Edward F. Bell, MD and Jonathan M. Klein, MD
Peer Review Status: Internally Peer Reviewed

 In the newborn period, an infant may require an increased ambient oxygen concentration in order to maintain a normal arterial blood oxygen tension. There appears to be a relationship between a higher than normal oxygen tension in the retinal arteries and retinopathy of prematurity (ROP). Susceptibility to ROP is increased in the preterm infant. An FiO2 of 0.4 or lower may be sufficient to raise the retinal artery oxygen tension to a dangerous level in many infants. Therefore, when an infant's clinical condition requires an oxygen enriched environment, frequent measurements of arterial blood gases and pH are mandatory.

  1. The normal PaO2 in utero is 30 mm Hg, while a normal infant breathing room air will have a PaO2 of 60-100 mm Hg. 
  2. The PaO2 of a premature infant in oxygen enriched environment should not exceed 80 mm Hg and should be maintained between 50-70 mm Hg. An arterial oxygen tension of 40-50 mm Hg may be adequate, providing cardiac output and peripheral perfusion are normal. A term infant may require a PaO2 of 55-70 mm Hg to be adequately oxygenated.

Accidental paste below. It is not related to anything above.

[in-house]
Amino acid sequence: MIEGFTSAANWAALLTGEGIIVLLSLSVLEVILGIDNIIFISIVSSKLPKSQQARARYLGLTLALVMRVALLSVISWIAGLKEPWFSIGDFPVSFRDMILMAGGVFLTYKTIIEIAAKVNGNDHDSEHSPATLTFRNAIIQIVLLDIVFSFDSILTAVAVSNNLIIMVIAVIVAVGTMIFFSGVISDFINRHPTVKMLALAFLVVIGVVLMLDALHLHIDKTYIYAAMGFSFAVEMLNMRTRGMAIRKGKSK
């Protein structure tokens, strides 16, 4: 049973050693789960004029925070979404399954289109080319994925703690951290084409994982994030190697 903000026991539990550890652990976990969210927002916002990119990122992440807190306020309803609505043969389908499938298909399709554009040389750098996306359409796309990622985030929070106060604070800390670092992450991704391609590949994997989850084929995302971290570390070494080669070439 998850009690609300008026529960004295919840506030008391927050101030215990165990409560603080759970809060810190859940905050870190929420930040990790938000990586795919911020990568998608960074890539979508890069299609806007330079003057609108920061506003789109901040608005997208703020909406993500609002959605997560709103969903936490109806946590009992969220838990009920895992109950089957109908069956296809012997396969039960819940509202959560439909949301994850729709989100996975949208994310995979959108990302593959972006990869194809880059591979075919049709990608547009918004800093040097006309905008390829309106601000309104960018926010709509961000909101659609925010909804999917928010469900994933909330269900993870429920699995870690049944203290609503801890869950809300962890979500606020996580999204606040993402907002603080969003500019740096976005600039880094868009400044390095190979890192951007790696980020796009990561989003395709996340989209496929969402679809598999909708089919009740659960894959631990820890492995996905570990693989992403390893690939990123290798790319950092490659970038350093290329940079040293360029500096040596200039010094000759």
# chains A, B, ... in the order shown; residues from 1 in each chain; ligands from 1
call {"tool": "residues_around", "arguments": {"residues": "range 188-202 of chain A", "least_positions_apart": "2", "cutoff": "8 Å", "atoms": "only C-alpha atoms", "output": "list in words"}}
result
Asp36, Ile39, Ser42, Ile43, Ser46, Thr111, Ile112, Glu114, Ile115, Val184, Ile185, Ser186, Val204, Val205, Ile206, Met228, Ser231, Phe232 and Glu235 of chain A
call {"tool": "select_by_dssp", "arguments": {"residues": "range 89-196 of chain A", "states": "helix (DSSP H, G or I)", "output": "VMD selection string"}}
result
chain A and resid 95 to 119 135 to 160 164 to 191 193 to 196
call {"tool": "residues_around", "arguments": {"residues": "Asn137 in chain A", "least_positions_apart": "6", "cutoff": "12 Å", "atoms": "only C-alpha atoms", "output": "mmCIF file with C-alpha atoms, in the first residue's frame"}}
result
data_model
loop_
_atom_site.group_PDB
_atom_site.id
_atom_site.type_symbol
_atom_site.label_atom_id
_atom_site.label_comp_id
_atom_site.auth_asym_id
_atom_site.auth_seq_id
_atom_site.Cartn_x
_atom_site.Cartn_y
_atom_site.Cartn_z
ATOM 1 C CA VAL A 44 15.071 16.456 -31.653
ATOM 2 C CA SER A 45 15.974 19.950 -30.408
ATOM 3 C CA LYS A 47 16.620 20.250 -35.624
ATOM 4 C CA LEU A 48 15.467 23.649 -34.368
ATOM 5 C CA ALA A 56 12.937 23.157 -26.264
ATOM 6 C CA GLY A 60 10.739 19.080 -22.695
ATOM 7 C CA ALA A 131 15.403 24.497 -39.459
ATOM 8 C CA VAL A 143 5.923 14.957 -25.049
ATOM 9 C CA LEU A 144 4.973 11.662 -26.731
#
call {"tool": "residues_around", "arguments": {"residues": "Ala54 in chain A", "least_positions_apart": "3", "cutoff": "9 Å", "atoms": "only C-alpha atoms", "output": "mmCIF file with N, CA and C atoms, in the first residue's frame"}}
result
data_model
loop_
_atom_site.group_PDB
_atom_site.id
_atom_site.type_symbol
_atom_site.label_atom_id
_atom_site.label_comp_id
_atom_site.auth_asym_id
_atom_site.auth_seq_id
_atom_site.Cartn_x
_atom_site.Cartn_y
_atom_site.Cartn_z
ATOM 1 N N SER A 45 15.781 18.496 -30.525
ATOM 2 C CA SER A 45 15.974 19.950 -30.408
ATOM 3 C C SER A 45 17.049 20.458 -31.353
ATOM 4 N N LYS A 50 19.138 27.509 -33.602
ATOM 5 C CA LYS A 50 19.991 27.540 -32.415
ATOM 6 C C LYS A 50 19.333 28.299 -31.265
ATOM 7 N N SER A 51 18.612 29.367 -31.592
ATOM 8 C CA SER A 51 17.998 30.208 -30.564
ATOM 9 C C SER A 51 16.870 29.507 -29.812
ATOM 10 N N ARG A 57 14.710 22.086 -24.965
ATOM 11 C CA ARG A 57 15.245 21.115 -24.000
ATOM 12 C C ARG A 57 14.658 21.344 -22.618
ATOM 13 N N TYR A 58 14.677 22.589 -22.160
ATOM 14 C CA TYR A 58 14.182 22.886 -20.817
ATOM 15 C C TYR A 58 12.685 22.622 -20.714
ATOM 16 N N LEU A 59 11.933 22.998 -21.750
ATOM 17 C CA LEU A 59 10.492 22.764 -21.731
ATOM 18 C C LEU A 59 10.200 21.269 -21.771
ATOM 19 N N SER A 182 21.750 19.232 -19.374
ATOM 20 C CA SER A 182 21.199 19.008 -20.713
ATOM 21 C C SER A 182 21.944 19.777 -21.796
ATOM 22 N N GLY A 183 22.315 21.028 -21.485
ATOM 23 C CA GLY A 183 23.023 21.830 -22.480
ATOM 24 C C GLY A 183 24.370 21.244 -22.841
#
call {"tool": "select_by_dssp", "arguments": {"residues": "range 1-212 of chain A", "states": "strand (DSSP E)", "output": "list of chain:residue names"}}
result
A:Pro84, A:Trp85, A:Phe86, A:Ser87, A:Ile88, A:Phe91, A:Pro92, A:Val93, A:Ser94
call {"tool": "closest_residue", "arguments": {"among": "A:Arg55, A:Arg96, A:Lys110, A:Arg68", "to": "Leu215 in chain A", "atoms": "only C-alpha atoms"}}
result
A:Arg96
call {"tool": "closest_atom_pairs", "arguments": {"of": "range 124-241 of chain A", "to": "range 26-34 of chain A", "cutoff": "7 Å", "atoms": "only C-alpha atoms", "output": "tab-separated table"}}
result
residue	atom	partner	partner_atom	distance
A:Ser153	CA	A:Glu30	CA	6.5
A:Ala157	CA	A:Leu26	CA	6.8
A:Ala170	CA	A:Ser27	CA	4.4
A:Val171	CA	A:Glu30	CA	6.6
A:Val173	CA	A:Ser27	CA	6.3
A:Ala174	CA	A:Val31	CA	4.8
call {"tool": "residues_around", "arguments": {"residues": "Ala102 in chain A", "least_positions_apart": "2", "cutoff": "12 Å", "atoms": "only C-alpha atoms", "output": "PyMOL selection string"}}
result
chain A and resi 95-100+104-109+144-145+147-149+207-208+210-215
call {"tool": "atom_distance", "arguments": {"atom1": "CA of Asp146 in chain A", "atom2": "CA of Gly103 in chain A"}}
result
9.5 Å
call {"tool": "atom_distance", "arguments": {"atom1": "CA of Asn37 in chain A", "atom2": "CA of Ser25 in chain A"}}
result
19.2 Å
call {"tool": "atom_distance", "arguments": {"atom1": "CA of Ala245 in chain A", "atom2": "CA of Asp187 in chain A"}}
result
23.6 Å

3. An infant requires the measurement of arterial blood gases and pH as frequently as demanded by the clinical status. When the condition is rapidly changing, measurements must be performed more frequently. 
  4. When an infant is placed in an oxygen enriched environment, the FiO2 delivered to the infant must be measured by an oxygen analyzer at least once an hour. 
  5. Mixtures of oxygen and air delivered to an infant by endotracheal tube, nasal CPAP, hood, or incubator should be warmed and humidified. 
  6. An infant recovering from Respiratory Distress Syndrome should have the FiO2 lowered in steps of no more than 0.10 at intervals of not less than 15-20 minutes, or with the use of continuous pulse oximetry, the FiO2 can be decreased at a faster rate as long as the O2 saturation remains within acceptable limits. An infant with chronic lung disease, especially those requiring oxygen therapy for more than 5-6 days, may require lowering of the FiO2 in steps of 0.02 - 0.05. 
  7. Exposure of the infant's eyes to bright light should be minimized.